Senator Patrick Leahy says Governor Jim Douglas’s last minute opposition to legislation that creates more wilderness areas in the Green Mountain National Forest could derail the entire project.
Douglas says he’s raising the issue because Vermont’s Congressional delegation has ignored his concerns about the legislation.
VPRs Bob Kinzel reports.
(Kinzel) It’s very unusual for Vermont’s Congressional delegation to engage in a major political fight with the governor but that’s exactly what’s happened over a plan involving the future of the Green Mountain National Forest.
While the U.S. Forest Service has proposed adding roughly 27 thousand acres of wilderness area – legislation drafted by the state’s congressional delegation increased the amount to almost 48 thousand acres – this means that logging, development and all terrain vehicle use would be banned on approximately one quarter of the national forest.
Leahy says the decision was made after holding 70 public hearings and receiving comments from nearly 10,000 Vermonters.
The legislation was unanimously approved by the U.S. Senate earlier this week and is now being considered in the House.
Following the Senate’s passage of the bill, Douglas urged the Republican leadership of the House Resources committee to scale back the amount of land being designated as wilderness.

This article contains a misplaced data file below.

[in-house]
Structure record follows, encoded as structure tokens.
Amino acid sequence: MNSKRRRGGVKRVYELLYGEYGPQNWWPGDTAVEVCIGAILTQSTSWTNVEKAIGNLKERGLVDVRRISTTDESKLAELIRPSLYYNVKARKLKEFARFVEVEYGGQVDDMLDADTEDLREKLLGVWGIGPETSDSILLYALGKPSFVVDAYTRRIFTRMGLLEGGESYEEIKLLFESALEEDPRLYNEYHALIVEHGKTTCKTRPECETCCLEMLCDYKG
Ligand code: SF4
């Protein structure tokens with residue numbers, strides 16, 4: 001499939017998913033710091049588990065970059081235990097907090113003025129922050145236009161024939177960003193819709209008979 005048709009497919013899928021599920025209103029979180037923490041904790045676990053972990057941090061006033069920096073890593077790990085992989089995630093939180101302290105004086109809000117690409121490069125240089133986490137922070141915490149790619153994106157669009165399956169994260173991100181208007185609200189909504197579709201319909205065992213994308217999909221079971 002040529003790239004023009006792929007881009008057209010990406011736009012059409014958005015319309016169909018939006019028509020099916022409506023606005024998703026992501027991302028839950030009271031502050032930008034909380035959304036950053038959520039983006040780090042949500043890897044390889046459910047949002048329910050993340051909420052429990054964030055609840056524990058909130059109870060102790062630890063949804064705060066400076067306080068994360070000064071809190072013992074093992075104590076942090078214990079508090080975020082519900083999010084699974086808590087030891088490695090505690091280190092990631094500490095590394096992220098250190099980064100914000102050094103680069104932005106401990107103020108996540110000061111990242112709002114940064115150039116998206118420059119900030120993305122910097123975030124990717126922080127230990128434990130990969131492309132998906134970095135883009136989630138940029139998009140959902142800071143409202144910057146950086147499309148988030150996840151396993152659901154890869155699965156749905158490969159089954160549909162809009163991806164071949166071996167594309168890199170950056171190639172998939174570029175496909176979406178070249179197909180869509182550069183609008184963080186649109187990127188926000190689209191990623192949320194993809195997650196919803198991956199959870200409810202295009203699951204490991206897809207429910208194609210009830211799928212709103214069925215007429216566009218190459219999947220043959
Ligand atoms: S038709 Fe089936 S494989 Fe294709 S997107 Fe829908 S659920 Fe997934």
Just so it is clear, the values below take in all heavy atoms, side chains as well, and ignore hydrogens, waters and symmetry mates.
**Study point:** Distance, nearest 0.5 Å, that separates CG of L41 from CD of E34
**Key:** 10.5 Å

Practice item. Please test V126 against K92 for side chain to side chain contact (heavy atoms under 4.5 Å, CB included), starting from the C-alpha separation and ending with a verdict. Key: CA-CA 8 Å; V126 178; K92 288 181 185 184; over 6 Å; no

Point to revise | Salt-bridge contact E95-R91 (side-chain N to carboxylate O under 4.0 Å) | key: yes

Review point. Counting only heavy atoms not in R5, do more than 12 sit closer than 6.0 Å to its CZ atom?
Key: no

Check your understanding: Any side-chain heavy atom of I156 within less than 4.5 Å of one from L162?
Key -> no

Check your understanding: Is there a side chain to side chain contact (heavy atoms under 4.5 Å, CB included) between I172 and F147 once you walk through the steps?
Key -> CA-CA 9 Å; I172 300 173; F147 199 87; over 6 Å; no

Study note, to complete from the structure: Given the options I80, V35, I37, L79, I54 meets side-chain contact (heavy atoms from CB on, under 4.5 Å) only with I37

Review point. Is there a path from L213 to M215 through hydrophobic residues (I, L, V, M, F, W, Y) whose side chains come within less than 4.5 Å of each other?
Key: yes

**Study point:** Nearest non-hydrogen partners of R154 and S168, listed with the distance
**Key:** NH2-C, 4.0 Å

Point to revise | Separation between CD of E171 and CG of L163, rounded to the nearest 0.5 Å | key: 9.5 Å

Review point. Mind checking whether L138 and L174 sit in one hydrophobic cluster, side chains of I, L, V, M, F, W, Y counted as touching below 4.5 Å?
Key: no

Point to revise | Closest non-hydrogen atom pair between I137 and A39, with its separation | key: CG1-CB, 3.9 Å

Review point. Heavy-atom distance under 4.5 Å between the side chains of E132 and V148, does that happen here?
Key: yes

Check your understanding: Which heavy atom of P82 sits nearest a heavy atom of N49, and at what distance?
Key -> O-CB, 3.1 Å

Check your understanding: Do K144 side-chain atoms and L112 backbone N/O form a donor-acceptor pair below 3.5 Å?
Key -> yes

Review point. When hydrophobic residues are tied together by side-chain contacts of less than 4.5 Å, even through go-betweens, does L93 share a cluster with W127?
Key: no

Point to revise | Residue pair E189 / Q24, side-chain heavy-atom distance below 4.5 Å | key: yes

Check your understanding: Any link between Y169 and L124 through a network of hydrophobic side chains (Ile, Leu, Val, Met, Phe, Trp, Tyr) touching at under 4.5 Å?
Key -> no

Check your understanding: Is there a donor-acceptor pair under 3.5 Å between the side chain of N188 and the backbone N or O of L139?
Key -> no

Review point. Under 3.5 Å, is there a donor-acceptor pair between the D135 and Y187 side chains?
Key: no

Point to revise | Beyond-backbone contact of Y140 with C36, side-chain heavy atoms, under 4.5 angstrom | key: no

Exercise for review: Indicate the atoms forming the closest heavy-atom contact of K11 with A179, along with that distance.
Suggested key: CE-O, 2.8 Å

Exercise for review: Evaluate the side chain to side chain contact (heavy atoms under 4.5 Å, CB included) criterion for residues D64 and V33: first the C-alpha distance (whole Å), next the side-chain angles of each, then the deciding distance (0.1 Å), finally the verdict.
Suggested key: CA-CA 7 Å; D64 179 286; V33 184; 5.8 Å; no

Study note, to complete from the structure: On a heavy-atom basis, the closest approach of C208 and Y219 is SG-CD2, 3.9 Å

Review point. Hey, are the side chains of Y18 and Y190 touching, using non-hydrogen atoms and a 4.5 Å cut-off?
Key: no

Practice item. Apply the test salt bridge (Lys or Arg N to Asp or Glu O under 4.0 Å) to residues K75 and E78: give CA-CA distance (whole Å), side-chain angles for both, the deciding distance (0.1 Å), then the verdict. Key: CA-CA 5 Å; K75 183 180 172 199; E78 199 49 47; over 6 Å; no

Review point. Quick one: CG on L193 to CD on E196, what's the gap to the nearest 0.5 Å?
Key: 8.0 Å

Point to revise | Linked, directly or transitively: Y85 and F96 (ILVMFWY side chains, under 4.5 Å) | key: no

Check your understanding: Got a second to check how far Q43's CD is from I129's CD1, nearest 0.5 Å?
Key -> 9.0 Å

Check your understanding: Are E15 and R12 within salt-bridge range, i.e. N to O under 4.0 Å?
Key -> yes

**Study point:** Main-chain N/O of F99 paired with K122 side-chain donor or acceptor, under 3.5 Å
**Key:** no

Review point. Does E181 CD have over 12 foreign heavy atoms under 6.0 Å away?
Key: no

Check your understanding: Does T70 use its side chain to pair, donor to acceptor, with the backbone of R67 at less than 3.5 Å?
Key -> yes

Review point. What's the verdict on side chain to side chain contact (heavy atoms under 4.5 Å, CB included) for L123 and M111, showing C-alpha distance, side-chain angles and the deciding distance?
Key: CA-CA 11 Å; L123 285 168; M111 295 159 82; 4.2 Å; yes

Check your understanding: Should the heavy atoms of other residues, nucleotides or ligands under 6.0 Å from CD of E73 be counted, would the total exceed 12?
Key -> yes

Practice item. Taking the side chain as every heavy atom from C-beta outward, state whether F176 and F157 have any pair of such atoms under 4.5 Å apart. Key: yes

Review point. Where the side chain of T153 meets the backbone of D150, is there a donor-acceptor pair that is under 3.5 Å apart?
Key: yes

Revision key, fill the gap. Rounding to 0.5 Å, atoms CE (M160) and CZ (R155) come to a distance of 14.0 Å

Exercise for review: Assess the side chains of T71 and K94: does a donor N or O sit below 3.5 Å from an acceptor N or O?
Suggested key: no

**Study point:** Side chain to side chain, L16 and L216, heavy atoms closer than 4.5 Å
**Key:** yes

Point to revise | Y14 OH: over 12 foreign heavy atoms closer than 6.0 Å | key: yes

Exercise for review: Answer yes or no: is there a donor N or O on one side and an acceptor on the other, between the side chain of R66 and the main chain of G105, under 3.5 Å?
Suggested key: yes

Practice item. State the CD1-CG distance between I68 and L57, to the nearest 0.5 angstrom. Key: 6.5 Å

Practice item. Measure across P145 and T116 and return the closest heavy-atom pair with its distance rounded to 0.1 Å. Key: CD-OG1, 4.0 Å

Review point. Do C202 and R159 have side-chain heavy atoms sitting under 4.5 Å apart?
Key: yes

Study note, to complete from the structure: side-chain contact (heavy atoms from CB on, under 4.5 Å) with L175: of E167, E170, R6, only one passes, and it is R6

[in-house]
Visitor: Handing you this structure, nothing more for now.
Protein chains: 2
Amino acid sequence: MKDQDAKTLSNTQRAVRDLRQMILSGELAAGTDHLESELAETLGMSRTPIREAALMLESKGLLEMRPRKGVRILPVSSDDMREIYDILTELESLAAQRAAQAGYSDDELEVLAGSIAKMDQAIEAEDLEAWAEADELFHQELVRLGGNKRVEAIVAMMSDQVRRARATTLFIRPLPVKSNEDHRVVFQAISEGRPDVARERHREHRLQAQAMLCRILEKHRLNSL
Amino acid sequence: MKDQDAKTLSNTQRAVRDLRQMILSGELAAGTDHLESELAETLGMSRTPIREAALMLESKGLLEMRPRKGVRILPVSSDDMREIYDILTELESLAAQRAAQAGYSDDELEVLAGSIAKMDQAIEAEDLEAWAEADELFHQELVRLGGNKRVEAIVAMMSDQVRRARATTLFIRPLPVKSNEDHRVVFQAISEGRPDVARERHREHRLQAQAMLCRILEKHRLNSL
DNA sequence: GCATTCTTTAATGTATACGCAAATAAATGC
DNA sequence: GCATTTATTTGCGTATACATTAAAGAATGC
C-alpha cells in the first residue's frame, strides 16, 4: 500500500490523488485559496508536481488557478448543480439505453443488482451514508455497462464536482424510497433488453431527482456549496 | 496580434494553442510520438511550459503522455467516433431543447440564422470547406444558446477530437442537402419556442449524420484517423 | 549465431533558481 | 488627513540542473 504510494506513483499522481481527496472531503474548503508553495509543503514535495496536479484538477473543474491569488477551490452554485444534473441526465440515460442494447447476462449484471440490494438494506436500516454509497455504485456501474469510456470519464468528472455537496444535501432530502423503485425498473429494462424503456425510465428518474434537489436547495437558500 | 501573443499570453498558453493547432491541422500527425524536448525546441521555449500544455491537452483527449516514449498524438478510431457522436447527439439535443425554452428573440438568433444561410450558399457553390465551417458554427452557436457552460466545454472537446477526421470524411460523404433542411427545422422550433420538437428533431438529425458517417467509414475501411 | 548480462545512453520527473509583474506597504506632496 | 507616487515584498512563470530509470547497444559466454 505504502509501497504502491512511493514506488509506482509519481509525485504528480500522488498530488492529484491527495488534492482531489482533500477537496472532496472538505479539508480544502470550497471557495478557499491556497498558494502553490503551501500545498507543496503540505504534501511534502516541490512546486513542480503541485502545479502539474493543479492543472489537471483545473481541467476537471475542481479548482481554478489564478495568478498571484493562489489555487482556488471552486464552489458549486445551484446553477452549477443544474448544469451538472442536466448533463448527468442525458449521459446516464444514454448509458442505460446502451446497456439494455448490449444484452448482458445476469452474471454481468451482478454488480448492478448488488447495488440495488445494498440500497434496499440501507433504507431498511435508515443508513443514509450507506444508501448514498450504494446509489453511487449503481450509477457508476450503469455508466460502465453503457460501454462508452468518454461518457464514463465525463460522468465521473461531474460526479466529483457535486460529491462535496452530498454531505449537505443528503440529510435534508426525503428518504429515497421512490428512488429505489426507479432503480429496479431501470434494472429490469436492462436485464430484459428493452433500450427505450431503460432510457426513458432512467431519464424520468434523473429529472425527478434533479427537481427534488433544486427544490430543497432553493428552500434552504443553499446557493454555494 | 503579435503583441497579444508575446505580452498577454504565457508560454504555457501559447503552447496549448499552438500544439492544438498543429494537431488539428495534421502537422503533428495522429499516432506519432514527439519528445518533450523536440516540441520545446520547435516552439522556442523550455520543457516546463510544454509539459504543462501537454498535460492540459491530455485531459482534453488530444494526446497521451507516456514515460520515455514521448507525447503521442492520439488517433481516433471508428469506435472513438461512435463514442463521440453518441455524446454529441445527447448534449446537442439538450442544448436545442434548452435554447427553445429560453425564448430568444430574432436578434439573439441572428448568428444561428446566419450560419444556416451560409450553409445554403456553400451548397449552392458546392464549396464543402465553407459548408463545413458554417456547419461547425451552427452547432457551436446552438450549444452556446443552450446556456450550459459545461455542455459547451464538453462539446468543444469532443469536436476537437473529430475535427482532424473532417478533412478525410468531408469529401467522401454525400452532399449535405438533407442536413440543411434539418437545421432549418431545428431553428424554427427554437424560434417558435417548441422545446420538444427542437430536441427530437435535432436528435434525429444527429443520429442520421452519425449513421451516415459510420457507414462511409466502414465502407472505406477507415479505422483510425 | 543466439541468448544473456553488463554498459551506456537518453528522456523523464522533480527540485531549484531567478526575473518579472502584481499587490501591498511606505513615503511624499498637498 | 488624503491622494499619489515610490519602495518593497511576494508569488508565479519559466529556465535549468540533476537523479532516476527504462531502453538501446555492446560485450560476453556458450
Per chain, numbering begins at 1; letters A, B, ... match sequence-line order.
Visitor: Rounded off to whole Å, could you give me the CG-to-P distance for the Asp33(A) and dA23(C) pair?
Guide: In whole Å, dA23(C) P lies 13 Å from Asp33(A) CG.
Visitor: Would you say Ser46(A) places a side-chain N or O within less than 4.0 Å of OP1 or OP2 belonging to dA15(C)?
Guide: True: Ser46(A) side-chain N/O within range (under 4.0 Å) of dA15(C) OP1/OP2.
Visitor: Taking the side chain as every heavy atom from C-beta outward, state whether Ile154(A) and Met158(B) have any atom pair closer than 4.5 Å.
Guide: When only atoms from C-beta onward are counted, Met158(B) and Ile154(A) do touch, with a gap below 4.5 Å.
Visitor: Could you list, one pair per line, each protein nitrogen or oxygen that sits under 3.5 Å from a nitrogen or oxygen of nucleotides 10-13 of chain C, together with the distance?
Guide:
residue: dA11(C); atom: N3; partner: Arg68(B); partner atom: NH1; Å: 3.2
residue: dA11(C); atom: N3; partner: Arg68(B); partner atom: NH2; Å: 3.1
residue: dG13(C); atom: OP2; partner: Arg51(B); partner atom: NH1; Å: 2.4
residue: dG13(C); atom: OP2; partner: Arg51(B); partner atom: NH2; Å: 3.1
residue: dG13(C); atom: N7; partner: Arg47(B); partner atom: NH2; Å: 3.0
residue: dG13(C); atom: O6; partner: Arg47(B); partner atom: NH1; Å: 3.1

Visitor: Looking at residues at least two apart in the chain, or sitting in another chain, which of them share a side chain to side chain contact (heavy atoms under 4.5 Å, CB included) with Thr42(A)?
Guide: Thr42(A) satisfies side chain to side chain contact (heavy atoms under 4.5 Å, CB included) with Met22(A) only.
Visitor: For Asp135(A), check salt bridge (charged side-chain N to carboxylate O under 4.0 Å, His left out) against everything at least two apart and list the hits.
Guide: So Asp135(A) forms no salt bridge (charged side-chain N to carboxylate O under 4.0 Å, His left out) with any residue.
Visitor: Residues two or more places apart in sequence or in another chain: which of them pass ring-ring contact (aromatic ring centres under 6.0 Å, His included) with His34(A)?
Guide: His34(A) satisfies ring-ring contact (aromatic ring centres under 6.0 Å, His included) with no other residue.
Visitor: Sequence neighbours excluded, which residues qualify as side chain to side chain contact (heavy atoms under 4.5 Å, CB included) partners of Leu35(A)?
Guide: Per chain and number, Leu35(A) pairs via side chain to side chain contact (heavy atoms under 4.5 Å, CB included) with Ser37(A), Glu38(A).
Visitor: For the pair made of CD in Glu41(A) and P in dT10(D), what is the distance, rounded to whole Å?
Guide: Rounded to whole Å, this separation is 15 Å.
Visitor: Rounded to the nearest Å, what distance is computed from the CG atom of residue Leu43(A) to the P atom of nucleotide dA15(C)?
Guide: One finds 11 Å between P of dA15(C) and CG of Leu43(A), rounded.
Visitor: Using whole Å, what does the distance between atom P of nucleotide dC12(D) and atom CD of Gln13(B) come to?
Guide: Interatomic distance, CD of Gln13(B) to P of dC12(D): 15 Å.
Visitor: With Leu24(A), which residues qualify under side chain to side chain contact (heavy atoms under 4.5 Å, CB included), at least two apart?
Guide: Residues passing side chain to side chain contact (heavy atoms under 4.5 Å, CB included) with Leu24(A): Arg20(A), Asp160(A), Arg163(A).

Leahy says Douglas’s actions could undermine the future of the legislation:
(Leahy)”Our surveys show that a majority of Vermonters want it and to suddenly say to the Republican leadership in the House we want you to stop this bill that was passed and approved by all Republicans and Democrats in the Senate is unfortunate I’d rather go with what is Vermont’s best interest.”
Leahy says he was stunned by Douglas’s letter to the House committee:
(Leahy)”He had expressed some concerns about areas around Glastenbury we said we’d be happy to work that out but then never heard further and almost had it we’d either do it entirely his way or no way I’m afraid he may have decided to do it no way. The fact is we’ve put together a good bill.”
Douglas is defending his actions. He bristled at the suggestion that his involvement is a last minute effort to defeat the bill:
(Douglas)”The senator and his staff indicated to me several weeks ago that there was room for a compromise room for a middle ground but they choose not to negotiate they just passed a bill anyway.”
Douglas says he hopes Congress will revisit this issue and pass a bill that better reflects the needs of Vermont:
(Douglas)”I want to take senator Leahy and his offer of several weeks ago to find some middle ground and reach a compromise that adds significant wilderness area to Vermont I’d strongly support that as I think most Vermonters do but not as much as is in the bill that has passed the Senate.”
Congress is scheduled to adjourn at the end of next week but it’s expected to return to Washington for a lame duck session in late November.
Douglas says that should give Vermont officials enough time to draft a new compromise bill.
For Vermont Public Radio I’m Bob Kinzel in Montpelier